It might work in 2015. But what happens in, say, 2025, when policies such as this mean that less than half the electorate owns their own home? How strong will the natural party of government be then, do you think?

 
 
 
 

As EU funding is lost, “levelling up” needs investment, not just rhetoric

Oh, well. Image: Getty.

Regional inequality was the foundation of Boris Johnson’s election victory and has since become one of the main focuses of his government. However, the enthusiasm of ministers championing the “levelling up” agenda rings hollow when compared with their inertia in preparing a UK replacement for European structural funding. 

Local government, already bearing the brunt of severe funding cuts, relies on European funding to support projects that boost growth in struggling local economies and help people build skills and find secure work. Now that the UK has withdrawn its EU membership, councils’ concerns over how EU funds will be replaced from 2021 are becoming more pronounced.

Johnson’s government has committed to create a domestic structural funding programme, the UK Shared Prosperity Fund (UKSPF), to replace the European Structural and Investment Fund (ESIF). However, other than pledging that UKSPF will “reduce inequalities between communities”, it has offered few details on how funds will be allocated. A public consultation on UKSPF promised by May’s government in 2018 has yet to materialise.

The government’s continued silence on UKSPF is generating a growing sense of unease among councils, especially after the failure of successive governments to prioritise investment in regional development. Indeed, inequalities within the UK have been allowed to grow so much that the UK’s poorest region by EU standards (West Wales & the Valleys) has a GDP of 68 per cent of the average EU GDP, while the UK’s richest region (Inner London) has a GDP of 614 per cent of the EU average – an intra-national disparity that is unique in Europe. If the UK had remained a member of the EU, its number of ‘less developed’ regions in need of most structural funding support would have increased from two to five in 2021-27: South Yorkshire, Tees Valley & Durham and Lincolnshire joining Cornwall & Isles of Scilly and West Wales & the Valley. Ministers have not given guarantees that any region, whether ‘less developed’ or otherwise, will obtain the same amount of funding under UKSPF to which they would have been entitled under ESIF.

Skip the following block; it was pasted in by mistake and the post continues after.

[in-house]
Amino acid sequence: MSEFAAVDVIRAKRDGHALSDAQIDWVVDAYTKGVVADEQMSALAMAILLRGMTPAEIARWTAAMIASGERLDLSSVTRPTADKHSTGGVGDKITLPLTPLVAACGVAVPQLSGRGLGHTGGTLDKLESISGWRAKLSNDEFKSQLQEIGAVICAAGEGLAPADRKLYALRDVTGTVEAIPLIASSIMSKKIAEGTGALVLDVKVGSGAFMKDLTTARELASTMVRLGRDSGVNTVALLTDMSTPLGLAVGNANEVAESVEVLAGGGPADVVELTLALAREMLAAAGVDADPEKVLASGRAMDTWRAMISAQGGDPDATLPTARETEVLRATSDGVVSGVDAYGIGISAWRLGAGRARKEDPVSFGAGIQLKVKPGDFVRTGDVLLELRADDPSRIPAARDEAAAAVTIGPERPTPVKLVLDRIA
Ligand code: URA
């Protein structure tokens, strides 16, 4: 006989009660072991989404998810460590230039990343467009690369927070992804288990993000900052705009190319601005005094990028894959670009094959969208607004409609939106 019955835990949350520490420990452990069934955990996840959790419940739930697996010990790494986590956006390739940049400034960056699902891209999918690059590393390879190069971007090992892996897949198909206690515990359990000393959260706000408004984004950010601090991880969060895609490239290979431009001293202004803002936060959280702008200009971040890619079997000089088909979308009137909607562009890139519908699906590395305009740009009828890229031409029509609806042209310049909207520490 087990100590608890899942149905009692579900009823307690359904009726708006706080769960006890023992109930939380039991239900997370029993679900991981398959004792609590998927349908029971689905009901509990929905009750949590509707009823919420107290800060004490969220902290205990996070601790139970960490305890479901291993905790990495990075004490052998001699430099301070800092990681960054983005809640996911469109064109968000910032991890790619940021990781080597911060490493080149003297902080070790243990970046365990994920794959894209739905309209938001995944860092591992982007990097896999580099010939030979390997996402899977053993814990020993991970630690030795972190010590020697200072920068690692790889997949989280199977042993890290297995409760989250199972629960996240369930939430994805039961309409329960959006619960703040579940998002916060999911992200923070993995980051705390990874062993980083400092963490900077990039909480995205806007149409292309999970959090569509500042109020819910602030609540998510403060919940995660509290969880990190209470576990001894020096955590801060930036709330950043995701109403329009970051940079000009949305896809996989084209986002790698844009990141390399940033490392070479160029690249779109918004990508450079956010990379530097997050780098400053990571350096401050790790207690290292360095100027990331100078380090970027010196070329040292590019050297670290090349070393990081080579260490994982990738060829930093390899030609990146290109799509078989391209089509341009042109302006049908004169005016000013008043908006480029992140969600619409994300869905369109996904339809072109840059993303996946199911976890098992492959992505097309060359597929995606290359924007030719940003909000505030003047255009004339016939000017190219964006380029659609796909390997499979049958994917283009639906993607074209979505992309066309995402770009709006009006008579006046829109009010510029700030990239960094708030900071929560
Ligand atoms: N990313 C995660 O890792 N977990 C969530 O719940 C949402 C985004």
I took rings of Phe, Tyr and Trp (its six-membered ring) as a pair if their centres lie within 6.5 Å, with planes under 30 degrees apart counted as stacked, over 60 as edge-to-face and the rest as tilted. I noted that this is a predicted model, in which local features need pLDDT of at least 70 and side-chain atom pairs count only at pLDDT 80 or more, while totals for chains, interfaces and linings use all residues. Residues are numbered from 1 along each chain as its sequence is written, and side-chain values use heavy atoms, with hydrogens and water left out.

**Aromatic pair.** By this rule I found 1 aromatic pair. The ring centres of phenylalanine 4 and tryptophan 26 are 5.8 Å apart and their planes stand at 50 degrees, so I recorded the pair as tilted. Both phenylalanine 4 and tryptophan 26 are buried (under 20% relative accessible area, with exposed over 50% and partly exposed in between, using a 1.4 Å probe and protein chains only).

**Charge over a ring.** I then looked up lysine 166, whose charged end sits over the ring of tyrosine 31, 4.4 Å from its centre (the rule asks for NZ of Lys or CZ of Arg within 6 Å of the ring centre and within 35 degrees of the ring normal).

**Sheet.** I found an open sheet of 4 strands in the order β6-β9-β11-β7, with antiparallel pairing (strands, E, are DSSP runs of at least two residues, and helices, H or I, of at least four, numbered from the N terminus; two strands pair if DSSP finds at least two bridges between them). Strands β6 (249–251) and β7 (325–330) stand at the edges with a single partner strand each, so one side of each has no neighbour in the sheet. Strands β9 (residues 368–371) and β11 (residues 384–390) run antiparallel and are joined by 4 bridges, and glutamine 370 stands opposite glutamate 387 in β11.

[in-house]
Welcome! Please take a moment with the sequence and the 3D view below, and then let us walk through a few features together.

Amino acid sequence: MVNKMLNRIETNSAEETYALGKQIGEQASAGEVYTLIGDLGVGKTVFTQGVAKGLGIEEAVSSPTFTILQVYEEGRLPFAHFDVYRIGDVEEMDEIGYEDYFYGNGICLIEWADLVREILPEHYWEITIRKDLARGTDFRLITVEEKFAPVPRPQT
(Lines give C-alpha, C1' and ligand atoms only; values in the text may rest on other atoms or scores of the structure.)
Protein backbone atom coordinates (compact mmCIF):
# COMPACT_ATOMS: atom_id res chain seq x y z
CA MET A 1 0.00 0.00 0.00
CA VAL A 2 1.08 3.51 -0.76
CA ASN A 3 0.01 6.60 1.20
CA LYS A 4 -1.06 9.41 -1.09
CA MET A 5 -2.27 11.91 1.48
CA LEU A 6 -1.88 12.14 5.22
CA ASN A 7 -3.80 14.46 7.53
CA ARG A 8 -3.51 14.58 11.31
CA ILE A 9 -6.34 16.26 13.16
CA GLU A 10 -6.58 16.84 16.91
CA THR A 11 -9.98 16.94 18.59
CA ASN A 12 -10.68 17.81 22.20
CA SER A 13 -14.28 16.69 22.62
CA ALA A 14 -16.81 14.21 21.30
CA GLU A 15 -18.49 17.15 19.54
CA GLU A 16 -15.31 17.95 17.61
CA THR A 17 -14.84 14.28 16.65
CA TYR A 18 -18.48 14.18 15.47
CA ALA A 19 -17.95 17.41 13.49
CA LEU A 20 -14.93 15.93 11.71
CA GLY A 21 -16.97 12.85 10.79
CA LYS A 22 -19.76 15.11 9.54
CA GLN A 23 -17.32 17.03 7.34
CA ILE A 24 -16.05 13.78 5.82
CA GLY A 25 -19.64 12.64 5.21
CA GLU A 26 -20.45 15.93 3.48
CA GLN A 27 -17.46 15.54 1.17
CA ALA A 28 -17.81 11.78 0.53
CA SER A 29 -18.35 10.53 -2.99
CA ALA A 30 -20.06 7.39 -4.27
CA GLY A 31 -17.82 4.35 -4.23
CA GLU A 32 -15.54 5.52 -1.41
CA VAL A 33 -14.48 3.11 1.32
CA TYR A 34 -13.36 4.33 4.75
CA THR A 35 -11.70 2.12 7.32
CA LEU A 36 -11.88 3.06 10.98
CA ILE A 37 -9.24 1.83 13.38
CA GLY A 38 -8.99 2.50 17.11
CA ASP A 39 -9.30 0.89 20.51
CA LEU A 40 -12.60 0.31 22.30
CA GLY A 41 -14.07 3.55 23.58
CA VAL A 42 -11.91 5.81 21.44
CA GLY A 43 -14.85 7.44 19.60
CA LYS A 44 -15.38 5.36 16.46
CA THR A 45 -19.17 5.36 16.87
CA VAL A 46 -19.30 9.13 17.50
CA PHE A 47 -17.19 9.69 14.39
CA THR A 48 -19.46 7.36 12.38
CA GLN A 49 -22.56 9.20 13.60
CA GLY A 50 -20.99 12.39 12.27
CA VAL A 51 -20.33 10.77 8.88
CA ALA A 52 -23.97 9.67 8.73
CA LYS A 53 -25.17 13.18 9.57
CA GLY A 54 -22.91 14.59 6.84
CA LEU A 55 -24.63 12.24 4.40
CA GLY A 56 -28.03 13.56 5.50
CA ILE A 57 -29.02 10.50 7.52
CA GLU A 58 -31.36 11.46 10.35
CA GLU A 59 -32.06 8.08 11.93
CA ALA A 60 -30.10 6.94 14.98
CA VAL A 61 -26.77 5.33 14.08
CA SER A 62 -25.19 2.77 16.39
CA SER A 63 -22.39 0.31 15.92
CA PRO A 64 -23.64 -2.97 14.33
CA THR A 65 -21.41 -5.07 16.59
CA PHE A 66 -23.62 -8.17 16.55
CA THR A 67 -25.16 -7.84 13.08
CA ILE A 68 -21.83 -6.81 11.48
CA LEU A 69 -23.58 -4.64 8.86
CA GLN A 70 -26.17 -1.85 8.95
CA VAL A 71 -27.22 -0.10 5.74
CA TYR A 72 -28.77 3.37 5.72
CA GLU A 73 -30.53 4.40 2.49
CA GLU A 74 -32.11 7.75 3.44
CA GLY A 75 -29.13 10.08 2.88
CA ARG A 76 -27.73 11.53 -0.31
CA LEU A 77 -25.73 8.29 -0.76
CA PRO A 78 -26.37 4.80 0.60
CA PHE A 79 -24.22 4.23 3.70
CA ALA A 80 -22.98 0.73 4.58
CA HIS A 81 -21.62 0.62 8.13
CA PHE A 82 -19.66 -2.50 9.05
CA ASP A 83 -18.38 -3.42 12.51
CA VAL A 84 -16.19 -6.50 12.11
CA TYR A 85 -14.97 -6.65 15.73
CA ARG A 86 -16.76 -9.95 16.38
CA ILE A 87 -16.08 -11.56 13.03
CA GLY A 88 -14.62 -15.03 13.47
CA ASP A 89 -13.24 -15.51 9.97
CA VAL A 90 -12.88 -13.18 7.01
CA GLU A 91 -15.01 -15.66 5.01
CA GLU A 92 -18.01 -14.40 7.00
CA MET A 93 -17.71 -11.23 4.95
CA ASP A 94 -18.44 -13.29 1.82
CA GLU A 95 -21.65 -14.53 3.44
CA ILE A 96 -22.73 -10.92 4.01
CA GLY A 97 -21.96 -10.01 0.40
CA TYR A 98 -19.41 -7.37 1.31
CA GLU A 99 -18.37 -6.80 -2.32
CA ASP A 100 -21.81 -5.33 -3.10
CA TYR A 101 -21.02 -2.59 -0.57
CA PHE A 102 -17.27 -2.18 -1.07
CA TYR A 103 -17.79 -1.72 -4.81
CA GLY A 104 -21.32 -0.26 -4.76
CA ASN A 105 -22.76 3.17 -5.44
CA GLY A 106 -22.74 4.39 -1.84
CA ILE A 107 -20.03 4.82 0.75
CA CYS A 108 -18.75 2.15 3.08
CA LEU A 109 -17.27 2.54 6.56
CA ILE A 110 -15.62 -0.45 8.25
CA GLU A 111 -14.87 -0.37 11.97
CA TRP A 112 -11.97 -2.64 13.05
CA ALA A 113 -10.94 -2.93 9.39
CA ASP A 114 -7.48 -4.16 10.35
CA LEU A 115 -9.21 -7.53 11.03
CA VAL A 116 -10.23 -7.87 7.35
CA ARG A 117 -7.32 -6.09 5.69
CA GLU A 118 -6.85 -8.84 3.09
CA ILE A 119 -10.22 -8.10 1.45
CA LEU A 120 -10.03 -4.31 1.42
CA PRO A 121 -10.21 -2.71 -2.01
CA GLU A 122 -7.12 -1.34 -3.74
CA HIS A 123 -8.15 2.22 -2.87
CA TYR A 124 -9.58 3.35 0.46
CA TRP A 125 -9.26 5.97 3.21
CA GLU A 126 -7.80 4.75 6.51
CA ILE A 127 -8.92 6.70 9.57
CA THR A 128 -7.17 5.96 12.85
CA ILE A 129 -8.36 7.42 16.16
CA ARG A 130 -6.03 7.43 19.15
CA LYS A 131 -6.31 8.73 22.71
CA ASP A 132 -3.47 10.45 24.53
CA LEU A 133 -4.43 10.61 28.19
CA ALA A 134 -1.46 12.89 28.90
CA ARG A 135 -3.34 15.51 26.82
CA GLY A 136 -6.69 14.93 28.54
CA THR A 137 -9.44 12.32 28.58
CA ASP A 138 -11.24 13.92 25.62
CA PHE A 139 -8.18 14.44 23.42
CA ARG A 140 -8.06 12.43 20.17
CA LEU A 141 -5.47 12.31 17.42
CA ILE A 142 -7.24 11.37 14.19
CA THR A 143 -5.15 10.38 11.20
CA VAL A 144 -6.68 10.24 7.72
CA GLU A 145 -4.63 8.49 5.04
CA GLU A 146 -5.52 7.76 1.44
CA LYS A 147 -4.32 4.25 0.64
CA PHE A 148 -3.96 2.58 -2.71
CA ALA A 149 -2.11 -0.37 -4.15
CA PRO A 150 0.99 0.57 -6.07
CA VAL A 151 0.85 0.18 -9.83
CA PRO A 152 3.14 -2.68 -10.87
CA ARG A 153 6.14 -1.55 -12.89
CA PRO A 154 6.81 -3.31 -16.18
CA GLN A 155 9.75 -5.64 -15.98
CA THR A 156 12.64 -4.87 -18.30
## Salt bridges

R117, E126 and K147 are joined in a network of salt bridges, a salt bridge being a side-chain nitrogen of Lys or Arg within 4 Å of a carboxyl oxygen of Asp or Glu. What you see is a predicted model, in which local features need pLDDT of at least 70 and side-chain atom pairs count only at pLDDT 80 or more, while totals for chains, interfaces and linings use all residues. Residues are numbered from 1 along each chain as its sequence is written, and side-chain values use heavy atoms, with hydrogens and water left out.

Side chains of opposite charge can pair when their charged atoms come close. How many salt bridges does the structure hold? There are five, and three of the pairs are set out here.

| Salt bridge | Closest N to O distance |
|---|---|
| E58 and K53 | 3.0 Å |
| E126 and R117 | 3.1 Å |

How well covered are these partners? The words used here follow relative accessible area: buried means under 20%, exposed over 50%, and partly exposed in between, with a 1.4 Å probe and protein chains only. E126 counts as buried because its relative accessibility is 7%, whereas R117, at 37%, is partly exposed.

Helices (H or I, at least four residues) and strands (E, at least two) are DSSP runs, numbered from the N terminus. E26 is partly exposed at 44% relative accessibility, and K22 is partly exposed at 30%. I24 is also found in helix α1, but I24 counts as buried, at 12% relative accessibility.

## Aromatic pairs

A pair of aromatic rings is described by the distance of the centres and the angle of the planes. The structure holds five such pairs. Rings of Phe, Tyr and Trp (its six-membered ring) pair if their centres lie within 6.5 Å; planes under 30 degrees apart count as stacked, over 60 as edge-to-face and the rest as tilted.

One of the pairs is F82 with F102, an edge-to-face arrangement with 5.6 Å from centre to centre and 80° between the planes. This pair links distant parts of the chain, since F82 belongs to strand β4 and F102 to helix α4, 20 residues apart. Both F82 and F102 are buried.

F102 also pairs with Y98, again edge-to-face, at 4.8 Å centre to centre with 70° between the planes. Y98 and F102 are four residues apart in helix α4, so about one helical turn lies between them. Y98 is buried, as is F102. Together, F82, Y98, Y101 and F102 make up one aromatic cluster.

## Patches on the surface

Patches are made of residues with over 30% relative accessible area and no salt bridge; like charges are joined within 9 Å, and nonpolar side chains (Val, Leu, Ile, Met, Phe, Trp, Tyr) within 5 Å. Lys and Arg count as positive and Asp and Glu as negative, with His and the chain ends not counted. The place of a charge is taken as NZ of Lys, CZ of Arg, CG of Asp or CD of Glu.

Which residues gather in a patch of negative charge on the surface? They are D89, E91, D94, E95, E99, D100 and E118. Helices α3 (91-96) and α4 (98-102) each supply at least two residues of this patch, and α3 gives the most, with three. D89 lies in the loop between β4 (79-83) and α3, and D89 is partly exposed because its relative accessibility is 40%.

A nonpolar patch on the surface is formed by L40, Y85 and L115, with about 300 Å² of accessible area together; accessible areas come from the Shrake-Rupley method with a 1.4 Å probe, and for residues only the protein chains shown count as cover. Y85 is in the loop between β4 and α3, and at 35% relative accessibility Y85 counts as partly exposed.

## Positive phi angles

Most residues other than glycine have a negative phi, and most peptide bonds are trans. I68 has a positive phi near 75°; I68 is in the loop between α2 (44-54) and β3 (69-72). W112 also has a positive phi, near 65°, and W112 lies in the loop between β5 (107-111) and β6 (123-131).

The government is reportedly contemplating changing the Treasury’s fiscal rules so public spending favours programmes that reduce regional inequalities as well as provide value for money, but this alone will not rebalance the economy. A shared prosperity fund like UKSPF has the potential to be the master key that unlocks inclusive growth throughout the country, particularly if it involves less bureaucracy than ESIF and aligns funding more effectively with the priorities of local people. 

In NLGN’s Community Commissioning report, we recommended that this funding should be devolved to communities directly to decide local priorities for the investment. By enabling community ownership of design and administration, the UK government would create an innovative domestic structural funding scheme that promotes inclusion in its process as well as its outcomes.

NLGN’s latest report, Cultivating Local Inclusive Growth: In Practice, highlights the range of policy levers and resources that councils can use to promote inclusive growth in their area. It demonstrates that, through collaboration with communities and cross-sector partners, councils are already doing sterling work to enhance economic and social inclusion. Their efforts could be further enhanced with a fund that learns lessons from ESIF’s successes and flaws: a UKSPF that is easier to access, designed and delivered by local communities, properly funded, and specifically targeted at promoting social and economic inclusion in regions that need it most. “Getting Brexit done” was meant to free up the government’s time to focus once more on pressing domestic priorities. “Getting inclusive growth done” should be at the top of any new to-do list.

Charlotte Morgan is senior researcher at the New Local Government Network.